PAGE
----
Microsoft Office Tutorials and References
In Depth Information
Chapter 8: Components That Show Trending
Figure 8-2: You can use area charts to trend over a long time span.
Figure 8-3 demonstrates how a combination chart can more easily call attention to the exact months
when 2010 sales fell below 2009. A combination of line and column charts is a very effective way to
show the difference in units sold between two time periods. We show you how to create this type of
chart later in this chapter.
Figure 8-3: Using columns and lines emphasizes the trending differences between two time periods.
Starting the vertical scale at zero
The vertical axis on trending charts should almost always start at zero. The reason we say almost is
because you may have trending data that contains negative values or fractions. In those situations,
it’s generally best to keep Excel’s default scaling. However, in situations where there are only
nonnegative integers, ensure that your vertical axis starts at zero.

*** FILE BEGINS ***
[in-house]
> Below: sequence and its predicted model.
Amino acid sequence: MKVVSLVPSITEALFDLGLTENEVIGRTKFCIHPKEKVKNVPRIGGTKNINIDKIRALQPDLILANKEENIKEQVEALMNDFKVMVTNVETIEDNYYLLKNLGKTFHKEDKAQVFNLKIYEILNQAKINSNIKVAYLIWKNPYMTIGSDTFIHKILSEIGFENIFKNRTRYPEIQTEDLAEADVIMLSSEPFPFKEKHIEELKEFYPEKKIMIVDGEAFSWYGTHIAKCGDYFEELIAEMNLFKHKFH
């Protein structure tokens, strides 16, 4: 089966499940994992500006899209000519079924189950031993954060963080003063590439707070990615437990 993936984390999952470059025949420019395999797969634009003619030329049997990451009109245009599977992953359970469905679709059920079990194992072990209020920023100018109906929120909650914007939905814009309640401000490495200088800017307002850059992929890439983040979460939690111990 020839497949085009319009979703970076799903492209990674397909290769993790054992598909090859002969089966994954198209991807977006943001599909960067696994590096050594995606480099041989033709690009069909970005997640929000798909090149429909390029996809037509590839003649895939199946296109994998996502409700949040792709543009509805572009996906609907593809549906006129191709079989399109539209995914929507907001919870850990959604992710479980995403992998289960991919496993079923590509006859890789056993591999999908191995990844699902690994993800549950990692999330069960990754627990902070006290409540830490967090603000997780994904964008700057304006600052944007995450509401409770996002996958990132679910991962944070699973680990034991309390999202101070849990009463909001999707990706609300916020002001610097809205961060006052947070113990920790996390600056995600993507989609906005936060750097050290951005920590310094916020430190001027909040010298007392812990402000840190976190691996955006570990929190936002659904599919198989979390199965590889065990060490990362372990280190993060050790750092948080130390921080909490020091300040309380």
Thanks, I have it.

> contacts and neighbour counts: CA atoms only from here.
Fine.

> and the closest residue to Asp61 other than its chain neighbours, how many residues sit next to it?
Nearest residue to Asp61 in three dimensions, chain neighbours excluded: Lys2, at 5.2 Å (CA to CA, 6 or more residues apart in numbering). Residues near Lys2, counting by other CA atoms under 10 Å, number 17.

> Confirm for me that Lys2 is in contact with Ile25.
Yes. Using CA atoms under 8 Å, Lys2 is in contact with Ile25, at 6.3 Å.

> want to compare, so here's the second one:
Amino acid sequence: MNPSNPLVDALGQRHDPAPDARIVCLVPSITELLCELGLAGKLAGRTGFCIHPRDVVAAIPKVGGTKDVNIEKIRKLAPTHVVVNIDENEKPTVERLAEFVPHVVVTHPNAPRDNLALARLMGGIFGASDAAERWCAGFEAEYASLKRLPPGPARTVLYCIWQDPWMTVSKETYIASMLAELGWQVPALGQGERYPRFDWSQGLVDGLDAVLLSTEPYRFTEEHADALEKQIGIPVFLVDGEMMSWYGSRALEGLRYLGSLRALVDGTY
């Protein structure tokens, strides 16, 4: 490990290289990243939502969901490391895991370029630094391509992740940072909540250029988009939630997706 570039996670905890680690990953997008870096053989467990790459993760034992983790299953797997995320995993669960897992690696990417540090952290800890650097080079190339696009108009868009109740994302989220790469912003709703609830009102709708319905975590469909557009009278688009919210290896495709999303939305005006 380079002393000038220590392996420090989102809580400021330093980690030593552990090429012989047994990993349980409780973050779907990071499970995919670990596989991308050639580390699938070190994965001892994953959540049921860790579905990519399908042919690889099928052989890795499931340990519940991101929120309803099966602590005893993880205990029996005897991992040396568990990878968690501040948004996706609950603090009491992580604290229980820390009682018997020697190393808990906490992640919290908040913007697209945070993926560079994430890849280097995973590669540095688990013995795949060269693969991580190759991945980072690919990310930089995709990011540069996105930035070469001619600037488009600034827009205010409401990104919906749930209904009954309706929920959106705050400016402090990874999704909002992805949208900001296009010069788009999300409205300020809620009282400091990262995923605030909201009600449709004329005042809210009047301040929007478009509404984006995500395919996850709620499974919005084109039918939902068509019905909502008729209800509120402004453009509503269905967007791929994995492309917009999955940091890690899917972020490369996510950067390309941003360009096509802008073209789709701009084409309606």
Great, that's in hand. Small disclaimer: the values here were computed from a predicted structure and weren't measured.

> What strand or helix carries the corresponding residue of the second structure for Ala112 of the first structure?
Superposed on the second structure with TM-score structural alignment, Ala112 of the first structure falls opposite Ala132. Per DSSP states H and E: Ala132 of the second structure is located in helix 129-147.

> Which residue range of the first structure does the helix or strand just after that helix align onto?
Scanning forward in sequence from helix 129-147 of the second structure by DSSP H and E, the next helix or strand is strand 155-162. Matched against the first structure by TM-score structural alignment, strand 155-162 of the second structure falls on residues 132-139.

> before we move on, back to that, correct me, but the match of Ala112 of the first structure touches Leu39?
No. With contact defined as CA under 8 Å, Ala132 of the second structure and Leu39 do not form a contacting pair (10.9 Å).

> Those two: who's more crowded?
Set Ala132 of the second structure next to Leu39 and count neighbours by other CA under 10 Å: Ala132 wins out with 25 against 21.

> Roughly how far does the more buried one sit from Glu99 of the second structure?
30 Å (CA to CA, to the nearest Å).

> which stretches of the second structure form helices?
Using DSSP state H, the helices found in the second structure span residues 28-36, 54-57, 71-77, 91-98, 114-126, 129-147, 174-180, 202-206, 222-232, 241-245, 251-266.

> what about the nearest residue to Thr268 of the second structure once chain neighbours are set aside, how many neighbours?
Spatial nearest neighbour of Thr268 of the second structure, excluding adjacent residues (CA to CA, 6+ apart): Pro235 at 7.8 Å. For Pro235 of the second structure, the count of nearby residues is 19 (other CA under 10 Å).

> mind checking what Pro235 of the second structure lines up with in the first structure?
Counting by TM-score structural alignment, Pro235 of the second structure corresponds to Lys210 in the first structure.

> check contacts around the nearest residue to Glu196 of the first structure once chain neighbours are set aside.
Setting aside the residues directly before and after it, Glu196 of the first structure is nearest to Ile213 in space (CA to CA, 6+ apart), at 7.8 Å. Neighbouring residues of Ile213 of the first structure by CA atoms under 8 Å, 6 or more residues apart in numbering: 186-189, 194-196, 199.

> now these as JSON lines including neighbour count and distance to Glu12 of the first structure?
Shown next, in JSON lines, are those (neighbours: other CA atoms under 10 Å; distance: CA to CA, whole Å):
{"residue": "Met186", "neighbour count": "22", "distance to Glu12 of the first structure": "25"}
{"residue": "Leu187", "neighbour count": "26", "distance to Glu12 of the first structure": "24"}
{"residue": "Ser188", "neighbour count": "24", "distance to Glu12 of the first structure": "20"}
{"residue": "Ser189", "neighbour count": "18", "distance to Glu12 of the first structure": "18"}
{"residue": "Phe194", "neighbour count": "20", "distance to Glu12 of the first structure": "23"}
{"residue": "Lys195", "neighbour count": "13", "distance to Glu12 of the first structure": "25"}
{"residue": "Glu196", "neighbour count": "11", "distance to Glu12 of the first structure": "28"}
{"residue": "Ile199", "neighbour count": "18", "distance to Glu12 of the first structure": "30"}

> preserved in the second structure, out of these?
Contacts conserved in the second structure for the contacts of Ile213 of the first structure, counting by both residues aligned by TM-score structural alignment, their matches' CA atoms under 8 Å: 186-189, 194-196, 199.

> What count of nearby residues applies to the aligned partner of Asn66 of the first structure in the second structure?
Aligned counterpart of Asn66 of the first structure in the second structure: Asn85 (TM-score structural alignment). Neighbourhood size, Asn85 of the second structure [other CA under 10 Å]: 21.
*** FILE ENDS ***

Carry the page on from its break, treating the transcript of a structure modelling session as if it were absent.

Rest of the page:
The reason is that the vertical scale of a chart can have a significant impact on the representation of a
trend. For instance, the two charts shown in Figure 8-4 contain the same data. The only difference is
that in the top chart, we did nothing to fix the vertical scale assigned by Excel (it starts at 96), but in
the bottom chart, we fixed the scale to start at zero.
Now, you may think the top chart is more accurate because it shows the ups and downs of the trend.
However, if you look at the numbers closely, you see that the units represented went from 100 to
107 in 12 months. That’s not exactly a material change, and it certainly doesn’t warrant such a
dramatic chart. Actually, the trend is relatively flat, yet the top chart makes it look as though the
trend is way up.
The bottom chart more accurately reflects the true nature of the trend. We achieved this effect by
locking the Minimum value on the vertical axis to zero.